Intuitive in her approach to songwriting, Amber has found that often, her best songs are the ones that flow naturally— and quickly. “The songs that come to you and take about ten or fifteen minutes to write are always the best ones.” While the writing process may differ depending on the song, Amber infuses all of her work with a sense of fun and optimism, as in “Goodbye Yesterday,” which she co-wrote with Hugh Colocott. So what if the rain cloud chases the sun down? / My day is still bright / Who cares if my love life’s takin’ a nose dive? / I will be alright / ‘Cause I’ve still got a song to sing and there is music yet to play / Hello tomorrow, goodbye yesterday. As a songwriter, Amber has discovered that the act of collaborating enhances both the process and the end result. “It helps you along in your journey. . . Everyone has their way of writing a song and the moment you collaborate with someone, you get to see what their way is and it can bring so much new life and color into a song that you would have never thought of on your own and it can be really fun.” It is this same desire to evoke joy while having a good time that both Laura and Amber bring to their performances. “You go up there and suddenly, you’re engrossed in music, where we’re having fun with each other and we have these great guys behind us in our band and you get lost in the moment and it’s a wonderful moment. . . You’re doing what you love to do.” Having their musical partnership based in friendship heightens the experience in ways that are both obvious to the audience and subtle to them. “Because we’ve been friends for so long, there is a comfort level. We know each other so well that we can predict our moves ahead of time. It adds to the enjoyment of it all.”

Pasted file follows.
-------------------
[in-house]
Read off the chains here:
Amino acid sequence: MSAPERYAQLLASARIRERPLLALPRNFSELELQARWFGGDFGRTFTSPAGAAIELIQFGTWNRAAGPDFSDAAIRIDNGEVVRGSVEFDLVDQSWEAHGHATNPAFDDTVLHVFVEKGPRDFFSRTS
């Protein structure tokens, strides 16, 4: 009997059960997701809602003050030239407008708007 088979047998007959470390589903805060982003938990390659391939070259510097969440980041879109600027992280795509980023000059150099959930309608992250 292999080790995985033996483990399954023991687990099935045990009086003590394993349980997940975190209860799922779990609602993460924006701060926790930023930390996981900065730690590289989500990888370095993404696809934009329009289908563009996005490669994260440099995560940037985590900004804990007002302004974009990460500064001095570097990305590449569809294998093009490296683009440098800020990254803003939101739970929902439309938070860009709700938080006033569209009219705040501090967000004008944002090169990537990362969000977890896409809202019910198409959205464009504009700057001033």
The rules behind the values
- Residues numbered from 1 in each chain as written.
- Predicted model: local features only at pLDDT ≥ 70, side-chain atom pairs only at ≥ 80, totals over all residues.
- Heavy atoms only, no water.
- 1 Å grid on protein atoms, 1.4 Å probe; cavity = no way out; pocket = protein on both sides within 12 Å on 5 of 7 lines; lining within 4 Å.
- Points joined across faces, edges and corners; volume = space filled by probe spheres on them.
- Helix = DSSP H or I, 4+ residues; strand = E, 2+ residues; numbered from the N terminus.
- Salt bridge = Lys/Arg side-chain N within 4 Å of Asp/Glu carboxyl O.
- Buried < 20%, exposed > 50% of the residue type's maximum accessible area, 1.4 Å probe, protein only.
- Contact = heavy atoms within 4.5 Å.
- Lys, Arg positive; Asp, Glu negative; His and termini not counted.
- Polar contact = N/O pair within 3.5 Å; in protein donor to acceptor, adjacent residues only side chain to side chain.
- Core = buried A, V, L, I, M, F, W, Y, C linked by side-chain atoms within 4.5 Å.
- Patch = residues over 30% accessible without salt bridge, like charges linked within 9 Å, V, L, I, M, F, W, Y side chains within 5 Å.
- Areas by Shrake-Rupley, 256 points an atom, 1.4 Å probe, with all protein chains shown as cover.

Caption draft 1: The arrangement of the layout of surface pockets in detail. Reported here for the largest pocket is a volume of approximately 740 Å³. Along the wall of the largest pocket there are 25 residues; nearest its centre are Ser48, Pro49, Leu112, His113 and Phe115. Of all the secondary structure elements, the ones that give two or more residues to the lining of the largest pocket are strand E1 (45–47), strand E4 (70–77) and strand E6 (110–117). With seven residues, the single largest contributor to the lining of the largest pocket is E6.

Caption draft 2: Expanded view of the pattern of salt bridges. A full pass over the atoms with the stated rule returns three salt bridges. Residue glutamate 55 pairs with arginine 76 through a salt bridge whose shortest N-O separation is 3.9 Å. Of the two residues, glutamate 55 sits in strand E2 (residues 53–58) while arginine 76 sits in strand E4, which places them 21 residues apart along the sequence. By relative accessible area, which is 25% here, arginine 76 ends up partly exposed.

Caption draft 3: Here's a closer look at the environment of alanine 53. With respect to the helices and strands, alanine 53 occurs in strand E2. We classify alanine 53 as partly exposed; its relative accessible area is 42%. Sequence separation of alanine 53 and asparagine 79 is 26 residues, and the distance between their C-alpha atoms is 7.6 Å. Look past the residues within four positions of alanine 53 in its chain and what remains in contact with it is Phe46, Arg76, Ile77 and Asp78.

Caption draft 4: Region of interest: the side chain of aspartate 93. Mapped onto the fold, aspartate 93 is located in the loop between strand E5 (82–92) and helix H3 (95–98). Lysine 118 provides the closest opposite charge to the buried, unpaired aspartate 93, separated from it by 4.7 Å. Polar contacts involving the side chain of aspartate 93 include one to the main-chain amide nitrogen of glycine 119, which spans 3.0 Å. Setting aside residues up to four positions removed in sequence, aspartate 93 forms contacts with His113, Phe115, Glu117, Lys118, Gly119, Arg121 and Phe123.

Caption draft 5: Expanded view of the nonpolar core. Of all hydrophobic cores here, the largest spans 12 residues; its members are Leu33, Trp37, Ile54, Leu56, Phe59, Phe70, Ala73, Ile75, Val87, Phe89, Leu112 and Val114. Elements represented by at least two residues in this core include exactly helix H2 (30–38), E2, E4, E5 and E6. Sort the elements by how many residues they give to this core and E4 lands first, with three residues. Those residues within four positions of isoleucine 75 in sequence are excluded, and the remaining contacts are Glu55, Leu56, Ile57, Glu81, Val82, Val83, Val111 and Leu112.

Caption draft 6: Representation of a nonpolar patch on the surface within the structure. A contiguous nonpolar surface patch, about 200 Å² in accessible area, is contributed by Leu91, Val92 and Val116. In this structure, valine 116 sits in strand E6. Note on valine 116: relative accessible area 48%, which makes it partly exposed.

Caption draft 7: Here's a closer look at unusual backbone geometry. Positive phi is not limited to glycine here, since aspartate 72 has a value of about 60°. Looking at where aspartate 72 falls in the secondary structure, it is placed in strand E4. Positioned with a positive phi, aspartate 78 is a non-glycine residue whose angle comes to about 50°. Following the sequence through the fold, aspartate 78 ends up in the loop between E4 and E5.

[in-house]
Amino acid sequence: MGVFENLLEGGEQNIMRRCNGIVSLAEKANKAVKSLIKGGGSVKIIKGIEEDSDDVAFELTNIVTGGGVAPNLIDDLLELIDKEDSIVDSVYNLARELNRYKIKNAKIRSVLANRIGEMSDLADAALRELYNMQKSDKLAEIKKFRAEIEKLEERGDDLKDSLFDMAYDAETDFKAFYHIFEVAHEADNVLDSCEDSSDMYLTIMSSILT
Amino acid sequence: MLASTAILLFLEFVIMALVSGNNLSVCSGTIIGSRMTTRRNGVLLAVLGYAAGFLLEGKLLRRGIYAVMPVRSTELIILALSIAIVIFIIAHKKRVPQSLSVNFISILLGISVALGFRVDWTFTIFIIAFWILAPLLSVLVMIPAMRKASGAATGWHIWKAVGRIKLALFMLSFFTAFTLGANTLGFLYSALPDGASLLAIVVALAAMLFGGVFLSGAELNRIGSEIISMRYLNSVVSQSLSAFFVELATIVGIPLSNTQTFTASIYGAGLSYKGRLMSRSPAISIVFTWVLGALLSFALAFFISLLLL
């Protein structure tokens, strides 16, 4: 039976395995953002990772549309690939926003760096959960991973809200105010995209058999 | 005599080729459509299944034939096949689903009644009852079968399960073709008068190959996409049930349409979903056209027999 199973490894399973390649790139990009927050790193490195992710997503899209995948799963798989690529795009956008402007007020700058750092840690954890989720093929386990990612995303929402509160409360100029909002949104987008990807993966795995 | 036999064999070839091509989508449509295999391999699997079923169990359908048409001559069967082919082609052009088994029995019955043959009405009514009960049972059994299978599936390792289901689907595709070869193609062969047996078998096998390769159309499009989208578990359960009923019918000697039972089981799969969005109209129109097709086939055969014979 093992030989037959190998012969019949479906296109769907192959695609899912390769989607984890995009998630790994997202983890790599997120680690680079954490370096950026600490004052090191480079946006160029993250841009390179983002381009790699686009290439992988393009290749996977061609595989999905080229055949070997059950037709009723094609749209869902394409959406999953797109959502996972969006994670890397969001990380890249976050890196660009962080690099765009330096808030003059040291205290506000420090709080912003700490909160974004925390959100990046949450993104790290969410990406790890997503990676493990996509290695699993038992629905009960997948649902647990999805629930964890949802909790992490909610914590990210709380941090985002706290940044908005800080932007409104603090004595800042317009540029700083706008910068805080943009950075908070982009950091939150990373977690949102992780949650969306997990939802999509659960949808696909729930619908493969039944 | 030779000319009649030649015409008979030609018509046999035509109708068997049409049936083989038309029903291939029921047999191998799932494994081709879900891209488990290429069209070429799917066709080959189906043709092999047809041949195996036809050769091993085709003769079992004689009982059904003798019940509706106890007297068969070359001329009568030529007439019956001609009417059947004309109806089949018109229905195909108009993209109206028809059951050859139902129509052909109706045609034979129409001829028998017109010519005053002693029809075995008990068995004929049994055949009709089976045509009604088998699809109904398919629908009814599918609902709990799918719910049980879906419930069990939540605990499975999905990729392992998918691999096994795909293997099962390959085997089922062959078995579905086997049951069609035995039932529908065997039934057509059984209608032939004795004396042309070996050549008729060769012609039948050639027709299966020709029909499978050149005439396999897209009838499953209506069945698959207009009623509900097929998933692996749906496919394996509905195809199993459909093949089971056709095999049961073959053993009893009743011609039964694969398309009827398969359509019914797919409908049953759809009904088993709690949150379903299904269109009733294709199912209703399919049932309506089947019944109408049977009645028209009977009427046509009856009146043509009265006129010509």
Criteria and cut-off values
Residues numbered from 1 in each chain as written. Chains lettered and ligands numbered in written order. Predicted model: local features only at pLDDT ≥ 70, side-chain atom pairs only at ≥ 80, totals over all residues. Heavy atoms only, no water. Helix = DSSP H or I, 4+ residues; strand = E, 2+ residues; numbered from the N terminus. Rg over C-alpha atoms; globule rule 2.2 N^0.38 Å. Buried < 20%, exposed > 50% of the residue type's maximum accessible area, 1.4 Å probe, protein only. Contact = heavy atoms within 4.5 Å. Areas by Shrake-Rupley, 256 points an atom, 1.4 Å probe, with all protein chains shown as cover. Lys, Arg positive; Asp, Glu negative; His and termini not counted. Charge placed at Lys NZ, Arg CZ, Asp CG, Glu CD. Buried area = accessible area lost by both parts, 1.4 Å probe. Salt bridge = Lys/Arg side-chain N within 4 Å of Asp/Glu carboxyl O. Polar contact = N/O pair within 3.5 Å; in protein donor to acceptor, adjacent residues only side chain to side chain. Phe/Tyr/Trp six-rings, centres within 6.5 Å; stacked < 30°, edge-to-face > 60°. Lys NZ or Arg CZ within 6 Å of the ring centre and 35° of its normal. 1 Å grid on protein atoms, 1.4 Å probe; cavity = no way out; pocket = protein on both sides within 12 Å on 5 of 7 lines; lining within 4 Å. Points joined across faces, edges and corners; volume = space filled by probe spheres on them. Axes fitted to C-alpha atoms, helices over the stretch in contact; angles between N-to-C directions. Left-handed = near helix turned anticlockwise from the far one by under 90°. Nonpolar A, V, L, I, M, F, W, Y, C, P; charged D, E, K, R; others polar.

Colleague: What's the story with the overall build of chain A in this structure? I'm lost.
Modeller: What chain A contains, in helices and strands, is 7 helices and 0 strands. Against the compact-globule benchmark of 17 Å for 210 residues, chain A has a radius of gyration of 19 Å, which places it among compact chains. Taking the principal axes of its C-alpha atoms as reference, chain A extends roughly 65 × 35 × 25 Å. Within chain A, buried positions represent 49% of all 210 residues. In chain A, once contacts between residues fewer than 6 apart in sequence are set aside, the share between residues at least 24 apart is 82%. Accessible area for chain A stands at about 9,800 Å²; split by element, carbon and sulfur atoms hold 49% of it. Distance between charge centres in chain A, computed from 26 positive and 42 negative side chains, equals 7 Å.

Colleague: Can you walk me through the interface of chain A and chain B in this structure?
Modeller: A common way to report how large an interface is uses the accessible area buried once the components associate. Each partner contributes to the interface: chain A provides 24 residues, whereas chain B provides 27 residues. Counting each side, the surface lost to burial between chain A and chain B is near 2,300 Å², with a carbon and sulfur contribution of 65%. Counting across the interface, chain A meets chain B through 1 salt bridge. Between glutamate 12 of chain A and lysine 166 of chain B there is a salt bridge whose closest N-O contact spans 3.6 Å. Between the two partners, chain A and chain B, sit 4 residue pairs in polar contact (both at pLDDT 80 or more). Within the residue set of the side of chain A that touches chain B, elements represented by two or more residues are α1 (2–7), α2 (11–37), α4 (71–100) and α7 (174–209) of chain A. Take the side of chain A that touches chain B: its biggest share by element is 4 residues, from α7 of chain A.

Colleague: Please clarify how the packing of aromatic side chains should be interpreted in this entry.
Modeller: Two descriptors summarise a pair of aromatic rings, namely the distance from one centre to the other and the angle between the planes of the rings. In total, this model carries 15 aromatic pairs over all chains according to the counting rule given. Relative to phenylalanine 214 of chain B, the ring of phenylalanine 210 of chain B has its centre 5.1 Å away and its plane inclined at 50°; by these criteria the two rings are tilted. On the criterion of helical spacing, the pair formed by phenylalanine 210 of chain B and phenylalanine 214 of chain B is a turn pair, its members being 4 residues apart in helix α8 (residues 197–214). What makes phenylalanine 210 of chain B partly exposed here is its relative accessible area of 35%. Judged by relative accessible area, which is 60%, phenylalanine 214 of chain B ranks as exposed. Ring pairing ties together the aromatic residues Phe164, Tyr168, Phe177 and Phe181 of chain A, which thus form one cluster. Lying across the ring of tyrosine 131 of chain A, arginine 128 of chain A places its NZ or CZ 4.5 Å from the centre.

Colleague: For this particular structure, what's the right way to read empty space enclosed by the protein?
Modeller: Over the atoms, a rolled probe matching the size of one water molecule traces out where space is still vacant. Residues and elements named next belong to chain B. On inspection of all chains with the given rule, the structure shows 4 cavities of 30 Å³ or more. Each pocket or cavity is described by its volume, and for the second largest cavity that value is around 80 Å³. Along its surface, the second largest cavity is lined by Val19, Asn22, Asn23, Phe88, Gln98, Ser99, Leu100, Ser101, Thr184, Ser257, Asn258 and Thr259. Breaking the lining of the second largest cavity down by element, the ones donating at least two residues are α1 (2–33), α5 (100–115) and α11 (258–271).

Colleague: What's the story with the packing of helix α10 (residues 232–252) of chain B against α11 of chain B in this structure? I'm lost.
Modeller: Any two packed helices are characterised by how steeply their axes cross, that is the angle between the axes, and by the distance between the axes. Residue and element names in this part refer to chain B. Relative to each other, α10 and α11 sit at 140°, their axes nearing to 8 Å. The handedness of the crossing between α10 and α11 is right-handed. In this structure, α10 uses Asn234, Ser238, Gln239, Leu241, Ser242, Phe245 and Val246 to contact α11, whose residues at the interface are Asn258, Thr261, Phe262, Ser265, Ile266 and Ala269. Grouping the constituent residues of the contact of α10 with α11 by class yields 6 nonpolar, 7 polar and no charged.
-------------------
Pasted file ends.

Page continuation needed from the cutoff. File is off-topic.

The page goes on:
Standing upon the firm foundation of their friendship, looking towards their bright future, Laura and Amber are grateful for all that has come before them and all that is yet to be. “We’re both always really aware of how lucky we are,” says Amber. Blending lightheartedness with warmth, the music of Laura and Amber reflects the world their friendship has created— and openheartedly invites their audience to be a part of it. “Our music is about friendship. It is about who we are.” Indeed, it’s about the kind of chemistry that stands the test of time. You may have to back up, in order to walk thru / The other door that destiny’s opened up for you / It’s time to realize there are no accidents in life / So don’t be blind, just give it time / It’s gonna be alright! The friendship of Laura and Amber is much like all friendships— simply put, they bring out the best in each other and share it with the rest of us.